Undisputed: How to Become the World Champion in 1,372 Easy Steps

Jericho 2005

****

If there’s one thing you can say about Chris Jericho, it’s that he is an entertainer.

Wrestling fans are pretty easy to please when it comes to autobiographies. As long as you’re writing about the business, backstage politics, in-ring situations, etc. we’re usually happy. But we also typically want to read about things that we already know something about, which is why it was mighty impressive that Chris Jericho’s first book Around the World in Spandex was as good and well-received as it was, reaching its end just as it reached its climax with Y2J’s debut into the WWF in 1999.

Undisputed picks up right where the last book left off, and Jericho’s storytelling doesn’t miss a beat. This book will likely appeal more to Jericho’s more casual fans, or just vanilla WWE fans in general, because his initial run in the company from 1999 to 2005 is mainly what he covers in this lengthy tome. But, as expected, Jericho also talks about the founding of his band Fozzy and some of the escapades that he and his bandmates got into during their formative years as a cover band, and how they made the transition to becoming a real band with original songs. This is where I expected the book to drag, as Fozzy, while they do have some standout tracks, are for the most part a pretty horrible band unless you’re a total headbanger with little care what it is you’re banging your head to, but Jericho makes the formation of his band sound like the most exciting debut of all time. It’s fun to read about not only his backstage dealings with Vince McMahon and Triple H, but learning about Wise Cousin Chad (a bit of a living legend in the annals of Jericho’s podcast Talk is Jericho) and the birth of Ash the Fish Expert are also quite amusing and, at times, touching. It’s these emotionally stirring moments, especially when Jericho broaches the subject of death, that he shines the most as a storyteller.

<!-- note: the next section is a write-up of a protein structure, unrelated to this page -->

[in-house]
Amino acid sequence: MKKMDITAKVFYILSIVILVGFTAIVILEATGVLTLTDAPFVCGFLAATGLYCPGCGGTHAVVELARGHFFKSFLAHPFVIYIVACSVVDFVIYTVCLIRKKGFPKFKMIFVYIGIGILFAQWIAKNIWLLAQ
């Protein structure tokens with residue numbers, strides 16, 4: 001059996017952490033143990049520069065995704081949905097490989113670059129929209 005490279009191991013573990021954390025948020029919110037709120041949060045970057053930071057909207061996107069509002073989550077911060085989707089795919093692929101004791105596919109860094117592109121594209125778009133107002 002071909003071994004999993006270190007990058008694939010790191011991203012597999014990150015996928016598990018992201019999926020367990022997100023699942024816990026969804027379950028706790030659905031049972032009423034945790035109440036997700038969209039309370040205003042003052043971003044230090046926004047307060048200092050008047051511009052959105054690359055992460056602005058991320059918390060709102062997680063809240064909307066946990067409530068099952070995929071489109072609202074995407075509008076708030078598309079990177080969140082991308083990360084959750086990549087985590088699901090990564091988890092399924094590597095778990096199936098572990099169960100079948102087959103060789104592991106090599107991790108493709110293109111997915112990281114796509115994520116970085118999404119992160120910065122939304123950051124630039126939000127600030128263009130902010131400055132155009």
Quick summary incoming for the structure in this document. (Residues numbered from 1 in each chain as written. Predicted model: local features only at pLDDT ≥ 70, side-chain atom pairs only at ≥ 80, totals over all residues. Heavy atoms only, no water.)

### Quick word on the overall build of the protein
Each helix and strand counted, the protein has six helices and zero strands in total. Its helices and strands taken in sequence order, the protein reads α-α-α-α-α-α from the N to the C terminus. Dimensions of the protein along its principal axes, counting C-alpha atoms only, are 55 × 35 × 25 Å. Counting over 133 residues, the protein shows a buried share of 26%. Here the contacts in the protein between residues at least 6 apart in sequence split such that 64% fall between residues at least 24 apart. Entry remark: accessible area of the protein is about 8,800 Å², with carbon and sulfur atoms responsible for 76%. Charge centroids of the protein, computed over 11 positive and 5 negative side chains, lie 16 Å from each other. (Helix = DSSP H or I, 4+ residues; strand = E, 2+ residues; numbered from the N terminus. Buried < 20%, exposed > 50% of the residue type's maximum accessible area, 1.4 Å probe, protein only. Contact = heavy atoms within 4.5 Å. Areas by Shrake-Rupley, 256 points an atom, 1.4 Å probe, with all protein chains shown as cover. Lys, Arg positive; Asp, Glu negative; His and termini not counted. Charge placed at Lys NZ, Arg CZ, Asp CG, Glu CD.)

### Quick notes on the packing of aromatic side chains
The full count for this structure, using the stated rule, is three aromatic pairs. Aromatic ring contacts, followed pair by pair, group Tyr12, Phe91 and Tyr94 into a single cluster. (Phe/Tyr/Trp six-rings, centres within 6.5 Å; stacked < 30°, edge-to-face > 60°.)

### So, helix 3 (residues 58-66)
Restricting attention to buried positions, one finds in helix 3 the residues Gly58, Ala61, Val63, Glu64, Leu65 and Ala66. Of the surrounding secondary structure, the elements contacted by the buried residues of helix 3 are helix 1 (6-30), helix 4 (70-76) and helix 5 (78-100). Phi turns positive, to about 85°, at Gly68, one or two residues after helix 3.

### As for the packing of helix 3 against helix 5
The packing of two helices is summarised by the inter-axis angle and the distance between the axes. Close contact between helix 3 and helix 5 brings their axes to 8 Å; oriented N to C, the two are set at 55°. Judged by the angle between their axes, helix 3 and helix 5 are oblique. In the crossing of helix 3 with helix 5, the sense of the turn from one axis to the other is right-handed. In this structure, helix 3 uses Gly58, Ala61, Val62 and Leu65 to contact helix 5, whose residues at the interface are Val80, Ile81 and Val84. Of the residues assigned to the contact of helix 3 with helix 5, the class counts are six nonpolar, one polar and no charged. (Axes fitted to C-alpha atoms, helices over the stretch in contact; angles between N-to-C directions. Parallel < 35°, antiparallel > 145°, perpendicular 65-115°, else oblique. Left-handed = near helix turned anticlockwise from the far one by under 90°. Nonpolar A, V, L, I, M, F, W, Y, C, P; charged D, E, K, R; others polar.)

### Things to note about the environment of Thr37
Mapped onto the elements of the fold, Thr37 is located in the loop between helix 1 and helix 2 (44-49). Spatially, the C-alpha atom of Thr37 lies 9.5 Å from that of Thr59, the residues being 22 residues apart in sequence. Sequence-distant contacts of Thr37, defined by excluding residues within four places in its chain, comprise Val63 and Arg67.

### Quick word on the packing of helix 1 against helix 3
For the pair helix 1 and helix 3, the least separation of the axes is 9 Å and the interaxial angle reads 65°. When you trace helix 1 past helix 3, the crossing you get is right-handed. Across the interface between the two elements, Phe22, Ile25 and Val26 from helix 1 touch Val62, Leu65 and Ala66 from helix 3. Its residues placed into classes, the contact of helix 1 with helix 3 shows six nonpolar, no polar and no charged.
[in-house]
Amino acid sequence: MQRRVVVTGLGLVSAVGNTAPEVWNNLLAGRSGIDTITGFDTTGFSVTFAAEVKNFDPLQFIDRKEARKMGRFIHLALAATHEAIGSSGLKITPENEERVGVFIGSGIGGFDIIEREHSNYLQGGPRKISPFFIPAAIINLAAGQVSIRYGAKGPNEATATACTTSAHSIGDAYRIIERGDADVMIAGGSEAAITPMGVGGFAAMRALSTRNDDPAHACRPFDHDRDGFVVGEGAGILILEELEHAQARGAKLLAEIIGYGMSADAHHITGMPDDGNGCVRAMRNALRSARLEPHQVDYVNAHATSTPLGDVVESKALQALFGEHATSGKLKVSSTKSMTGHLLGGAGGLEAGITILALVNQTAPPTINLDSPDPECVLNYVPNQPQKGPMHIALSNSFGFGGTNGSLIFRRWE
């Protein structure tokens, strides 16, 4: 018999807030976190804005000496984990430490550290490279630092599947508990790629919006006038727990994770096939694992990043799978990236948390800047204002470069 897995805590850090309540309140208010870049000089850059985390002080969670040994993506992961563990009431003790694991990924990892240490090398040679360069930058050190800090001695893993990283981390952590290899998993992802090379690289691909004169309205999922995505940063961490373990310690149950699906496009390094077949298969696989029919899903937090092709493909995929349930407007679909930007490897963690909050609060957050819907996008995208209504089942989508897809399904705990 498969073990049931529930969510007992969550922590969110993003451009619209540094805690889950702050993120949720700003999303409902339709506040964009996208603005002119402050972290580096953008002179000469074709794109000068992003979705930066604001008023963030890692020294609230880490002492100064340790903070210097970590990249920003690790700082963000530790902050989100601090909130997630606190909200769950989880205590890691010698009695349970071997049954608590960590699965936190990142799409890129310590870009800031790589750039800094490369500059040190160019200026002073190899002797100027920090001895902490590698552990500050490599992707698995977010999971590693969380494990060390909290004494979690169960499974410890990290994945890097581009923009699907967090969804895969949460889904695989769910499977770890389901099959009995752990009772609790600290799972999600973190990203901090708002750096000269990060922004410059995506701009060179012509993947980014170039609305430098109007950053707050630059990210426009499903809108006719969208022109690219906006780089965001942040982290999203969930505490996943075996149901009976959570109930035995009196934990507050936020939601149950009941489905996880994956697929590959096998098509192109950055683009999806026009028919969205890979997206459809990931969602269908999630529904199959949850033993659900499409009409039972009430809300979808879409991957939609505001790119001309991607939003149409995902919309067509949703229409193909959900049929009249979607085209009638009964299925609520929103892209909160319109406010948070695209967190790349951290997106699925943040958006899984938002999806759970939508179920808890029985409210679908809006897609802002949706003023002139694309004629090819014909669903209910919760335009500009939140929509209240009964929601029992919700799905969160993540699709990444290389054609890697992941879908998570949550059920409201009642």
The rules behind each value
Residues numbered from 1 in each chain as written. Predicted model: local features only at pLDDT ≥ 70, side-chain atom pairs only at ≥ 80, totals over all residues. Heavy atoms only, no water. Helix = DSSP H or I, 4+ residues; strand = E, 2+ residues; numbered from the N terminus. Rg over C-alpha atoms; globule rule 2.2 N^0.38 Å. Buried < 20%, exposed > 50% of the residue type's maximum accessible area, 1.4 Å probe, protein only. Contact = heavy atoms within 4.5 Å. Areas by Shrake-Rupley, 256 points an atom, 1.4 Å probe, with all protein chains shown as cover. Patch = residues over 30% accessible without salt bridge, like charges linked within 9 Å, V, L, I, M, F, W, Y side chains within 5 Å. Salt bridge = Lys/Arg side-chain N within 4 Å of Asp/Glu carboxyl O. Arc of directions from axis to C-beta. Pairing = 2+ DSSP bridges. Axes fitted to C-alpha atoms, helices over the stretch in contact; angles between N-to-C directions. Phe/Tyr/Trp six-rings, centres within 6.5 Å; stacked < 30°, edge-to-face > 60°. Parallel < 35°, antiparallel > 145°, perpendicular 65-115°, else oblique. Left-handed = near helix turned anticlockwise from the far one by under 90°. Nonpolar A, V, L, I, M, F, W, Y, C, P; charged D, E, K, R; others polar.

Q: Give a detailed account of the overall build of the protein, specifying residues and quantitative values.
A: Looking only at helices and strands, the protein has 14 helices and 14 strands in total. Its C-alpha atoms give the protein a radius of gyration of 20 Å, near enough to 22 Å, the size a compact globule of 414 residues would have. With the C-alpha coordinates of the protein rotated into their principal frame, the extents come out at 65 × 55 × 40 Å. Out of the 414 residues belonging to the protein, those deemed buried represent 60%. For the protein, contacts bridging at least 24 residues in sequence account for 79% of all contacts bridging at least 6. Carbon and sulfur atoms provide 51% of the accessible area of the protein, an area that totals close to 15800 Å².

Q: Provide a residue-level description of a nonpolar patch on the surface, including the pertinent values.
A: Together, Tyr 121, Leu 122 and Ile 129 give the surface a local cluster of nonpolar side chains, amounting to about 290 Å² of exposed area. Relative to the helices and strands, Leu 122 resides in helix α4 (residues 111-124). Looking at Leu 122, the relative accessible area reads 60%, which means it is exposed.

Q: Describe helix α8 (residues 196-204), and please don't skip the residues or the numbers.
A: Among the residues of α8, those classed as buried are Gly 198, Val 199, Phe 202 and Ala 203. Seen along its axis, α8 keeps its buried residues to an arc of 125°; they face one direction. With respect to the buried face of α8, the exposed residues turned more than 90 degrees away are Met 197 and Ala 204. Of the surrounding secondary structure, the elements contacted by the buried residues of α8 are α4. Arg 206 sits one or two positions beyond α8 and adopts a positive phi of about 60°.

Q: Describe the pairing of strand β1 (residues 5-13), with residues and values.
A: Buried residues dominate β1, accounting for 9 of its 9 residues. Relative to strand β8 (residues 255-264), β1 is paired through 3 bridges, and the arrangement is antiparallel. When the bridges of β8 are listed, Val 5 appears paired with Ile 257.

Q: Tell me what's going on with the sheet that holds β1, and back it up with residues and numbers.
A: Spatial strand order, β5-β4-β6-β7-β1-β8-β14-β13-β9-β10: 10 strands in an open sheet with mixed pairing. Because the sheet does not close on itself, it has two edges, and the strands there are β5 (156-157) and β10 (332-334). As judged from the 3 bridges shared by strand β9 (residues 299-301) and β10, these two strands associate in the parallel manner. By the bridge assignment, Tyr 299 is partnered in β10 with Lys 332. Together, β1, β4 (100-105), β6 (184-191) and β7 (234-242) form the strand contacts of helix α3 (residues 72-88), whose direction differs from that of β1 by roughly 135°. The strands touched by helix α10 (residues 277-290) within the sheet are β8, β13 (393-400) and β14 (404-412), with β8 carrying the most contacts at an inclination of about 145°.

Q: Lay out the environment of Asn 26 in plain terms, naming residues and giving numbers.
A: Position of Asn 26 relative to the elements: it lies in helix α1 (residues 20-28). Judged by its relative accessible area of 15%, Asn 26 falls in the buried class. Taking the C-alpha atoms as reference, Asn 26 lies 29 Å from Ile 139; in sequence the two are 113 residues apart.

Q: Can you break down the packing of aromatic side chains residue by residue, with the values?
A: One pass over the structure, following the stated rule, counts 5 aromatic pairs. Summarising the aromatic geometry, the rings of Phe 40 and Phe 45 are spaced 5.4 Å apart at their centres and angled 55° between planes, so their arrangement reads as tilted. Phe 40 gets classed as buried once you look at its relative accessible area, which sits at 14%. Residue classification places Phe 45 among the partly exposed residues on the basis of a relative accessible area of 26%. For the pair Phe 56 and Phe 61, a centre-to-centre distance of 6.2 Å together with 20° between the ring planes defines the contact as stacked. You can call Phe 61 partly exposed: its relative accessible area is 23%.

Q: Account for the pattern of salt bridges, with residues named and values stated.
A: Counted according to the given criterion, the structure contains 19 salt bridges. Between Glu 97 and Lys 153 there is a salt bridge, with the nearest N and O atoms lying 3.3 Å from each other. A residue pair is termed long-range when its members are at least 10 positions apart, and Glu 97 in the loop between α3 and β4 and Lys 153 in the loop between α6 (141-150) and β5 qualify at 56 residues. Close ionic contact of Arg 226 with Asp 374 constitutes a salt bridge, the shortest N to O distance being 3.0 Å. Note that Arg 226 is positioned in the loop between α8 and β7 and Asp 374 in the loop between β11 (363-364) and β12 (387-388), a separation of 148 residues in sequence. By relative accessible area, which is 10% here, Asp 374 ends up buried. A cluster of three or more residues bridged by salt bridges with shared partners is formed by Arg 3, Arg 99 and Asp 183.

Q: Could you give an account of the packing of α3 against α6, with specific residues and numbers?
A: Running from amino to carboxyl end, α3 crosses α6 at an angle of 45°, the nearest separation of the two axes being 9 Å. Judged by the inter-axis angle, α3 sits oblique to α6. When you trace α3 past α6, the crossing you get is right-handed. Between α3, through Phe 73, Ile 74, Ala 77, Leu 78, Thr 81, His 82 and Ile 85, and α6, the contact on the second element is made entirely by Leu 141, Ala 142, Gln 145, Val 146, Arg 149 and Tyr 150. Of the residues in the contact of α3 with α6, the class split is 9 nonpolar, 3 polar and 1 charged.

Though it is possibly a bit overlong, Undisputed reads well and is even more memorable, I would argue, than Jericho’s first book, not necessarily because it is better written, but because it covers more ground that is well-known to more people. It isn’t perfect, and Jericho’s humor doesn’t always hit, but as a whole the book is well worth the read for any Jericho fan or fan of WWE in general.

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